New FBT rate option announced – but how helpful is it?
Tax Alert - October 2021
By Andrea Scatchard & Jonny Reid
Included in the Government’s expected announcement of the draft interest deductibility rules at the end of September was something perhaps unexpected, but not necessarily unwelcome: a proposal for a new option to calculate fringe benefit tax (FBT) on fringe benefits provided to employees from the 2021/2022 tax year onwards. On the face of it this seems like a good development but we are not sure it is really adding much practical value for most employers.
Impact of FBT rate change
As we noted in an earlier article, from 1 April 2021 the top marginal tax rate for individuals increased to 39% and the top FBT rate was raised to 63.93%. Prior to this change, many employers were using the single rate option to calculate FBT on all benefits provided at a flat rate of 49.25%. Employers that do not have any employees who earn over the $180,000 threshold faced an unwarranted 30% increase in their FBT bill. As a result of this increase more and more employers have been forced to consider using the compliance heavy alternate rate method of calculating FBT to minimise the increase in their FBT liability.
Under the alternate rate method, the employer pays FBT at either 49.25% or 63.93% in the first three FBT returns each year and then performs an attribution calculation for the March quarter, which acts as a wash-up of the annual FBT liability. The full attribution calculation is complicated but broadly aligns the FBT rate that applies to benefits provided to each employee with their marginal tax rate.
The FBT rules recognise that performing this full attribution calculation carries a higher compliance cost so also provides a low compliance cost option. This currently allows employers to calculate the annual FBT liability for the purpose of the washup calculation at the flat rate of 63.93% on the taxable value of the attributed fringe benefits, and this is where the proposed change will take place.
Under the proposal, employers will have the choice to calculate their annual FBT liability using the flat rate of 49.25%, except for attributed benefits provided to employees that have all-inclusive pay of $129,681 or more which must be taxed at 63.93%. (All-inclusive pay is net cash remuneration plus the value of attributed fringe benefits, and $129,681 of all-inclusive pay is equivalent to $180,000 gross income.) Generally, this higher rate will only apply to benefits provided to employees earning close to or more than $180,000 of gross salary and wages.
Where employees are clearly under or over the all-inclusive pay threshold amount, it will be easy for employers to pick the appropriate FBT rate to apply in the wash up calculation. But for employees that are on the cusp of the threshold, employers will still need to calculate the employee’s all-inclusive pay, which involves determining which benefits need to be attributed as if a full attribution calculation is going to be undertaken (i.e. the very process that the proposal seeks to avoid).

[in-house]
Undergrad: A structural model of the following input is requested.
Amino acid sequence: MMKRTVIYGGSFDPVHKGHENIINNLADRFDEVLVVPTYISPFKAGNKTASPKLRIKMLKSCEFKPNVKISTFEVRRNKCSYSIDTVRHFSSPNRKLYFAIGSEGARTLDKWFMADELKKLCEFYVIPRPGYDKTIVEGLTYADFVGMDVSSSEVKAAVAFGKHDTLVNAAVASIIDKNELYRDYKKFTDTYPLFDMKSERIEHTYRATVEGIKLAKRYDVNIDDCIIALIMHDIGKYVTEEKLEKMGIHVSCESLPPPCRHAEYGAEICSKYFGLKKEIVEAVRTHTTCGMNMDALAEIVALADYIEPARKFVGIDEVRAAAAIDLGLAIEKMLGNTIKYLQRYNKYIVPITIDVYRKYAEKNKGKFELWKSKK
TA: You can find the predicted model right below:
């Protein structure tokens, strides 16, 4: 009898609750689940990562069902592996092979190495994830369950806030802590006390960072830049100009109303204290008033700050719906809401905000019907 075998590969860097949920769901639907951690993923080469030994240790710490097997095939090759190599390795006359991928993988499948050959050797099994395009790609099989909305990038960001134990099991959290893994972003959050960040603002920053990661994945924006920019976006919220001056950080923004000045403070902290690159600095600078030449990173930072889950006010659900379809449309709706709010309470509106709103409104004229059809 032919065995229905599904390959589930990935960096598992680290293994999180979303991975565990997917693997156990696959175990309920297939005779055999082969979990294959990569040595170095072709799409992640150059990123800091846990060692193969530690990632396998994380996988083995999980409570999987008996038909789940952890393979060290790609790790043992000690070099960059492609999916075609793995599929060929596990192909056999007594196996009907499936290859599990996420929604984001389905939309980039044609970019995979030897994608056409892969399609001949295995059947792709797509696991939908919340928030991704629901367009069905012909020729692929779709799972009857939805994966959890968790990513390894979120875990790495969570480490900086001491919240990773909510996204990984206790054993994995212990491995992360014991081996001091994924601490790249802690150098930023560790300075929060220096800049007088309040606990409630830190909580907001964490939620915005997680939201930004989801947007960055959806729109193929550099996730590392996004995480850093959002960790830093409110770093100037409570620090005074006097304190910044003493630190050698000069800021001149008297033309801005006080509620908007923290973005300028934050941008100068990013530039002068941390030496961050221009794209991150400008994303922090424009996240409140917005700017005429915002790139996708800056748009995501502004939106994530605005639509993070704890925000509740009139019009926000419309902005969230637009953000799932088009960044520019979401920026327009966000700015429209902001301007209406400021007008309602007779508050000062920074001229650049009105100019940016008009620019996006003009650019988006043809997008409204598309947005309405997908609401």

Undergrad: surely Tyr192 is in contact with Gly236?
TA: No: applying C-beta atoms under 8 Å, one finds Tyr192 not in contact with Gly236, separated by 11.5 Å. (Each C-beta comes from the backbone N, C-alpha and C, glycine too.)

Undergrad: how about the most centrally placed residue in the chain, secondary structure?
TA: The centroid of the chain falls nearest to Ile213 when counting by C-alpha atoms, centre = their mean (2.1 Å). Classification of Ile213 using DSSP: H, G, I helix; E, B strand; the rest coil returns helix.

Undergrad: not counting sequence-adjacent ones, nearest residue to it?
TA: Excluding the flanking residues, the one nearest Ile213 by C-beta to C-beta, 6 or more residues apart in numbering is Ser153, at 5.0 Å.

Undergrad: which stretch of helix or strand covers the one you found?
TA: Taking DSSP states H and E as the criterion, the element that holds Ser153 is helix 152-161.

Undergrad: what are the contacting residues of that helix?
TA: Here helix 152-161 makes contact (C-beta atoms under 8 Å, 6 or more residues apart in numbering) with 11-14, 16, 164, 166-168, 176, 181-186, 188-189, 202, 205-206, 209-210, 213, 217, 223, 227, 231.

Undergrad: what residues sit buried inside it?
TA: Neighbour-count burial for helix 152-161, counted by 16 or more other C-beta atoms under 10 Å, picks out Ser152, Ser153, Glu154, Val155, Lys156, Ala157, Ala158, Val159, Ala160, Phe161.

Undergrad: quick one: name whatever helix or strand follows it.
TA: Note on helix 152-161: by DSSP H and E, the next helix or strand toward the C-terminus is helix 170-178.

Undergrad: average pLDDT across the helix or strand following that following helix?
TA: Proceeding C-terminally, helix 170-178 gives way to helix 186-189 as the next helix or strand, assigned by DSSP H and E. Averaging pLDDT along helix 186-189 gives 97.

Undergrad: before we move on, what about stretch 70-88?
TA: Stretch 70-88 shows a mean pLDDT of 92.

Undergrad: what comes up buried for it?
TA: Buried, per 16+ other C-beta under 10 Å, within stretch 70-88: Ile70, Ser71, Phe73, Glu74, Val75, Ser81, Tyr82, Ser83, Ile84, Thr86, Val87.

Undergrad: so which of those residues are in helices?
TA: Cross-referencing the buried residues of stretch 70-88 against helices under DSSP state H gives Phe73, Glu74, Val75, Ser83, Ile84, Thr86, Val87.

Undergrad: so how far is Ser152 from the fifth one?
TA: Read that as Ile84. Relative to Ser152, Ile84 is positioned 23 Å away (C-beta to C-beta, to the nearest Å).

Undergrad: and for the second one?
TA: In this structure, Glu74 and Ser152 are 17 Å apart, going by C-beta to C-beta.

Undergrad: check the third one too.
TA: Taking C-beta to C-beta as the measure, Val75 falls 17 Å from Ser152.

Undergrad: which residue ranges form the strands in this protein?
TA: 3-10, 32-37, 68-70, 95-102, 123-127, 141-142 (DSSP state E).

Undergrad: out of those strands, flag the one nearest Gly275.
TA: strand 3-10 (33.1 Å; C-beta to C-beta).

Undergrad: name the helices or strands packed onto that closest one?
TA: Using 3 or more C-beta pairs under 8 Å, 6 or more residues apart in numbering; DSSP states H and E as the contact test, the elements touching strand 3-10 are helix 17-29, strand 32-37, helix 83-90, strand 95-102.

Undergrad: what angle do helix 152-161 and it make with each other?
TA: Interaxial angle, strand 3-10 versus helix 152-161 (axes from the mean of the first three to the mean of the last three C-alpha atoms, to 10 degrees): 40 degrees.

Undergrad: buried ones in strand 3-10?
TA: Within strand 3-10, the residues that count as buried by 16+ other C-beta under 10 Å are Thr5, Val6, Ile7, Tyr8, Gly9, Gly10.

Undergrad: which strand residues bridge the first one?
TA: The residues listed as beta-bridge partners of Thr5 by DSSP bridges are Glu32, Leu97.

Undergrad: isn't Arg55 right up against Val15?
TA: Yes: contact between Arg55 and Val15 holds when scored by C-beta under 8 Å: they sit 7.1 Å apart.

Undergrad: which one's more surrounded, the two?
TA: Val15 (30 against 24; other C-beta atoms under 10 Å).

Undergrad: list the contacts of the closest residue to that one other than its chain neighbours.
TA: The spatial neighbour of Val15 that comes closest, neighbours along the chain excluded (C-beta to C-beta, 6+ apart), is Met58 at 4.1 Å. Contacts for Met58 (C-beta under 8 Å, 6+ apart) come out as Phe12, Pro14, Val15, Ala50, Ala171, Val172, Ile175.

As the change only affects the March quarter FBT return, any employers who paid FBT at the higher rate of 63.93% in the June 2021 quarter will need to wait until the March 2022 FBT return is filed to receive a refund of the excess paid. This is just adding an unnecessary layer of complexity for what will largely be smaller employers.
So how beneficial is this change?
While this is a welcome change, especially for smaller employers, the Supplementary Departmental Disclosure Statement issued with the proposal states that this change has “been assessed as having no or a very minor impact on businesses, individuals, or organisations”. This assessment reflects that the change really just legislates a de facto approach that many employers would have taken in calculating their annual FBT liability in the March 2022 quarter, and the amendment would have been completely unnecessary if Inland Revenue had more fully considered some of the wider implications of introducing the new 39% top tax rate in the first place.
It is also disappointing to note that there has been no change to the FBT rate that applies to benefits that are able to be pooled under the alternate rate calculation methodology. This rate increased from 42.86% to 49.25% from 1 April 2021 and represents another unwarranted tax grab from employers that do not have many or any employees earning over $180,000. This aspect of the original FBT rate change has previously been raised with Inland Revenue officials as (in our view) needing to be addressed to restore a common sense position for employers.
With more calculation options now available, please reach out to your Deloitte adviser if you would like to discuss how to calculate your FBT liability in your next FBT return or to review the benefits you are currently providing to employees to ensure you are not overpaying FBT.
October 2021 Tax Alert contents
- Something for everyone in the new tax bill
- GST reforms: GST is moving into the digital age and other remedials proposed
- Property tax details revealed
- Tax rules are catching up with cryptoassets
- New FBT rate option announced – but how helpful is it?
- COVID-19 Updates – October 2021
- Tax Governance: Inland Revenue’s latest compliance campaign
- Economic income and tax on a collision course? Inland Revenue’s effective tax rate project is about to start
- IBOR reform - time to check the tax impact
- Snapshot of recent developments